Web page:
A man exonerated in a 1994 drive-by shooting is released from prison and marries his childhood sweetheart.
De’Marchoe Carpenter didn’t waste any time after being exonerated and released from prison.
On Sunday, less than two weeks after being released, De’Marchoe married his longtime girlfriend, Brandy Guest. Andre Harris, the brother of Eric Harris, officiated the ceremony.
De’Marchoe and Brandy (who now goes by Carpenter) have known each other since they were children.
“Her mother stayed next door to my grandma back in the 1980s and we were all young but I remember her. … Later on, about 12 years later, that’s when we started talking,” De’Marchoe, 39, told The Frontier.
The teens began dating but their relationship was cut short in 1994, when De’Marchoe was just 17. He and his friend, Malcolm Scott, also 17, were arrested in the drive-by shooting death of Karen Summers. The two boys were convicted and sentenced to life in prison.
In recent years, multiple witnesses recanted, saying police pressured them to implicate Malcolm and De’Marchoe.
One of the alleged witnesses, Michael Lee Wilson, confessed to being the shooter. Wilson’s confession was taped by the Oklahoma Innocence Project days before he was executed for a separate killing.
As the lethal drugs flowed into his body Jan. 9, 2014, Wilson’s last words included: “De’Marchoe Carpenter and Malcolm Scott are innocent.”
Earlier this month, Tulsa County District Judge Sharon Holmes declared the men innocent, exonerating Malcolm and De’Marchoe. They served more than 20 years in prison.
De’Marchoe said after his arrest, Brandy kept in touch with him initially, attending his trial and writing letters to him in prison.
“We wrote for about a year and a half, maybe two years, and we lost contact. Thirteen and a half years later she came back.”
For the past six years, Brandy has been writing and visiting De’Marchoe in prison as he sought to prove his innocence. Few people except for Brandy and his family listened to his pleas back then. Later, private investigator Eric Cullen and the Oklahoma Innocence Project took up his cause.
Having Brandy’s support “meant a lot, because there’s guys in prison, they haven’t had a visit in eight or nine years,” De’Marchoe said.
“To get mail, to get pictures, that means a lot to a guy in prison.”
The two often talked about what life would be like if De’Marchoe were released.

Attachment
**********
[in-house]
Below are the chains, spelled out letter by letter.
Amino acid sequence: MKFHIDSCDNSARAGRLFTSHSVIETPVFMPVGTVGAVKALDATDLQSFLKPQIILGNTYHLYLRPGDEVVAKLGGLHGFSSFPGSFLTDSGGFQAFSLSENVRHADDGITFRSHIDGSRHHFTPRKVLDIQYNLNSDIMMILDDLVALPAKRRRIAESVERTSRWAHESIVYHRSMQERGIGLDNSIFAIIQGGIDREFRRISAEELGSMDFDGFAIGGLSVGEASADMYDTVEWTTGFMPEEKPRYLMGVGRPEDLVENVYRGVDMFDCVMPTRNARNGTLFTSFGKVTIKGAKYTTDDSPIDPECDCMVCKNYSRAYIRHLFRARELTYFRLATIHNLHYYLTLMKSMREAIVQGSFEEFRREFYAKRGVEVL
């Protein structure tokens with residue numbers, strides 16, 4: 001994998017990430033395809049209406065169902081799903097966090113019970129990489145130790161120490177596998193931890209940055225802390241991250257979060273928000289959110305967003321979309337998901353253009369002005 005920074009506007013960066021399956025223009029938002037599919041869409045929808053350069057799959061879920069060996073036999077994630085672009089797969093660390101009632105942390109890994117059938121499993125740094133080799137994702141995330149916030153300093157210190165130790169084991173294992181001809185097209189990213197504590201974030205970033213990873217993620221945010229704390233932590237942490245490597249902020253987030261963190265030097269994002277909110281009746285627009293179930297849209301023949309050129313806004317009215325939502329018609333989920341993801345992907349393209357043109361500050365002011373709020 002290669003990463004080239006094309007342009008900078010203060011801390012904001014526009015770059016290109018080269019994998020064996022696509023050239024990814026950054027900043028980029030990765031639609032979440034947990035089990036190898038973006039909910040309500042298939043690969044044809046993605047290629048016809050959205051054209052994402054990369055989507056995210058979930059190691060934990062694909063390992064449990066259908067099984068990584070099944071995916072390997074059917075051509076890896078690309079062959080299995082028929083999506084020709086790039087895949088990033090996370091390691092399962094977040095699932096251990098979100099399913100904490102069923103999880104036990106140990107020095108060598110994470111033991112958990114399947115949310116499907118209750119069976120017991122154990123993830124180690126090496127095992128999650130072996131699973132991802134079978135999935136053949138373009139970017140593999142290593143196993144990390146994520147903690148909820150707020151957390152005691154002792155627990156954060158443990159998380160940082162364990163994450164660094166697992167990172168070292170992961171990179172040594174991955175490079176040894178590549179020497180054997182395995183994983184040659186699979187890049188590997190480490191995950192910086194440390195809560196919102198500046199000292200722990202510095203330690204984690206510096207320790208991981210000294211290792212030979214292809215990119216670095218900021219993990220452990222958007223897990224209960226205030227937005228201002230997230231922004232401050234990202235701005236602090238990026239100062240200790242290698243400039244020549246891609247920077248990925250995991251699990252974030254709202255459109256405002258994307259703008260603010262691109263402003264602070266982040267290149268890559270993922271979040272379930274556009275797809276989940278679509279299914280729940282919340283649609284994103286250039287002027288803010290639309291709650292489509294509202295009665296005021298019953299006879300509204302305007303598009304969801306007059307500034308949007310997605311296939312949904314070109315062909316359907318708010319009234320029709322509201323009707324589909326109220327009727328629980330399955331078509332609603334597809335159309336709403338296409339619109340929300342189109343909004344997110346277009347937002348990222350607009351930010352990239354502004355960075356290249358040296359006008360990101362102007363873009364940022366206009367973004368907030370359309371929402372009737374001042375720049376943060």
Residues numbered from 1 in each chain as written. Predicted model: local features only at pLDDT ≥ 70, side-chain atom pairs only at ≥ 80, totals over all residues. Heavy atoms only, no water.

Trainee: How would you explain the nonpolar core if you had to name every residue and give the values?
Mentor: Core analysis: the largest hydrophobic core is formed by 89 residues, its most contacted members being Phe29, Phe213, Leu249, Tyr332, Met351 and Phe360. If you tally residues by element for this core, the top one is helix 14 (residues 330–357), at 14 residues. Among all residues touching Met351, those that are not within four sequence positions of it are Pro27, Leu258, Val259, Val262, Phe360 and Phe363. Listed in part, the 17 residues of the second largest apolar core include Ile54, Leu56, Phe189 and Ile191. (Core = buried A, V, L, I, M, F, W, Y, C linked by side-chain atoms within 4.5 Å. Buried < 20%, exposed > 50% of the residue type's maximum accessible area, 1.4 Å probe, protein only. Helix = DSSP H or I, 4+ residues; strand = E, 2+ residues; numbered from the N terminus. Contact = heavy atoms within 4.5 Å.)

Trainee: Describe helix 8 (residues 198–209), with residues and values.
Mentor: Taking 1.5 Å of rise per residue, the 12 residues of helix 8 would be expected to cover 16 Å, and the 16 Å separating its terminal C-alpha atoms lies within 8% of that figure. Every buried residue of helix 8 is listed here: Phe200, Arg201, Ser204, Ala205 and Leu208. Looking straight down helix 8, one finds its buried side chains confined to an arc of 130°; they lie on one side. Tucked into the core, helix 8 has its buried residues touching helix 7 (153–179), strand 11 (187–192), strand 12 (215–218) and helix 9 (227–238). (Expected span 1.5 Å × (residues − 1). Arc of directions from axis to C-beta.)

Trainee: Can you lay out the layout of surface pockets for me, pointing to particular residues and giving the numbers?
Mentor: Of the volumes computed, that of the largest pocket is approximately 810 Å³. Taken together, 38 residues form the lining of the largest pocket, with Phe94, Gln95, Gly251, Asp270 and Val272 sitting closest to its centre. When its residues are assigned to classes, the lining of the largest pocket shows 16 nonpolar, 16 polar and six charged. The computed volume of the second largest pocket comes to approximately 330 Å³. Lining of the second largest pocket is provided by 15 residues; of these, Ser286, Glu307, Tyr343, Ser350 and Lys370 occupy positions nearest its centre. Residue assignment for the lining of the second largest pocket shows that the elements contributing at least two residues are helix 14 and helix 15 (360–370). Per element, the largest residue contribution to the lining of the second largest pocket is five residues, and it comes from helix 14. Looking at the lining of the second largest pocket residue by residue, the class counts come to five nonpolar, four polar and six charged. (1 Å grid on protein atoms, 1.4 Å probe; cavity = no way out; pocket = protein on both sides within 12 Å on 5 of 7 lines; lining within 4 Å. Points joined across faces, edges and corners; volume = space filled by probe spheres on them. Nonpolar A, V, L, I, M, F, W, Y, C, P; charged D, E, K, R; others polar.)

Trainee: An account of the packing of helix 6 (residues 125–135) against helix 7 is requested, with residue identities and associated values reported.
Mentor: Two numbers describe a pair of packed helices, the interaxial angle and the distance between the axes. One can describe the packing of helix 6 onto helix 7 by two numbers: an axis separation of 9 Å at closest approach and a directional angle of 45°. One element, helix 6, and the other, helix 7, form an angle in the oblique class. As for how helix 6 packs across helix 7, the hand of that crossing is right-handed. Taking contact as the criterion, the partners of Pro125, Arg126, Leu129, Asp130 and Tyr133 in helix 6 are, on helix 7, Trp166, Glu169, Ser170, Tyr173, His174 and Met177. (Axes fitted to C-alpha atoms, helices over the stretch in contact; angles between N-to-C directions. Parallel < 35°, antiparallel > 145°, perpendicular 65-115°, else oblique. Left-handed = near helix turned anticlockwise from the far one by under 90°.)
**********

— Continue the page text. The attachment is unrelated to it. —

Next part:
“I knew that she was the person that I wanted to be with. I don’t want to be one of those guys to get out and go back to the streets. I want to be a grown man, an adult. I fantasized about this day,” he said.
They talked about small things, like working out and taking walks together. Now he and his new bride are actually doing those things.
“This morning we got up and walked to the park with the dog,” he said Tuesday. “I am, like, in awe. The world is beautiful.”
De’Marchoe said he has several job offers and is working on getting his driver’s license and a car. He also wants to help his mother, who has been on dialysis.
“The next thing for me is my mom needs a kidney. I am going to get some type of test and see if I’m a match.”
Brandy Carpenter said her five children — ages 13 to 19 — love having De’Marchoe around, and not just because he enjoys doing household chores they forget to finish. She’s also helping him navigate an entirely new world.
“We really just take everything slow. Day by day, I’m showing him some of the small stuff. I really just can’t believe he’s here even now,” she said.
The two know they will face challenges ahead but will face them together. De’Marchoe has a charge pending alleging he was involved in an assault while in jail, to which he has pleaded not guilty.
Both said having Harris marry them made the ceremony even more meaningful. Harris’ brother was shot and killed by Reserve Deputy Robert Bates last year, kicking off investigations that led to Bates’ conviction and former Sheriff Stanley Glanz’s indictment and resignation.
Harris said he became an ordained minister in 2012, about a year and a half after being released from prison himself. He has focused on outreach to people recently released from prison and those who don’t feel comfortable in a traditional church.
The wedding was the first Harris officiated and he said he sought guidance from his church pastor. The small ceremony attended by family and friends was held in the lobby of Smolen, Smolen & Roytman’s building downtown. The law firm represents Eric Harris’ estate in a federal civil suit against Bates and the county.
Harris said officiating the ceremony was an honor.
“For this brother to do 23 years in prison and get out and want to marry the love of his life, I was elated. It was such a blessing to me to be a blessing to him.”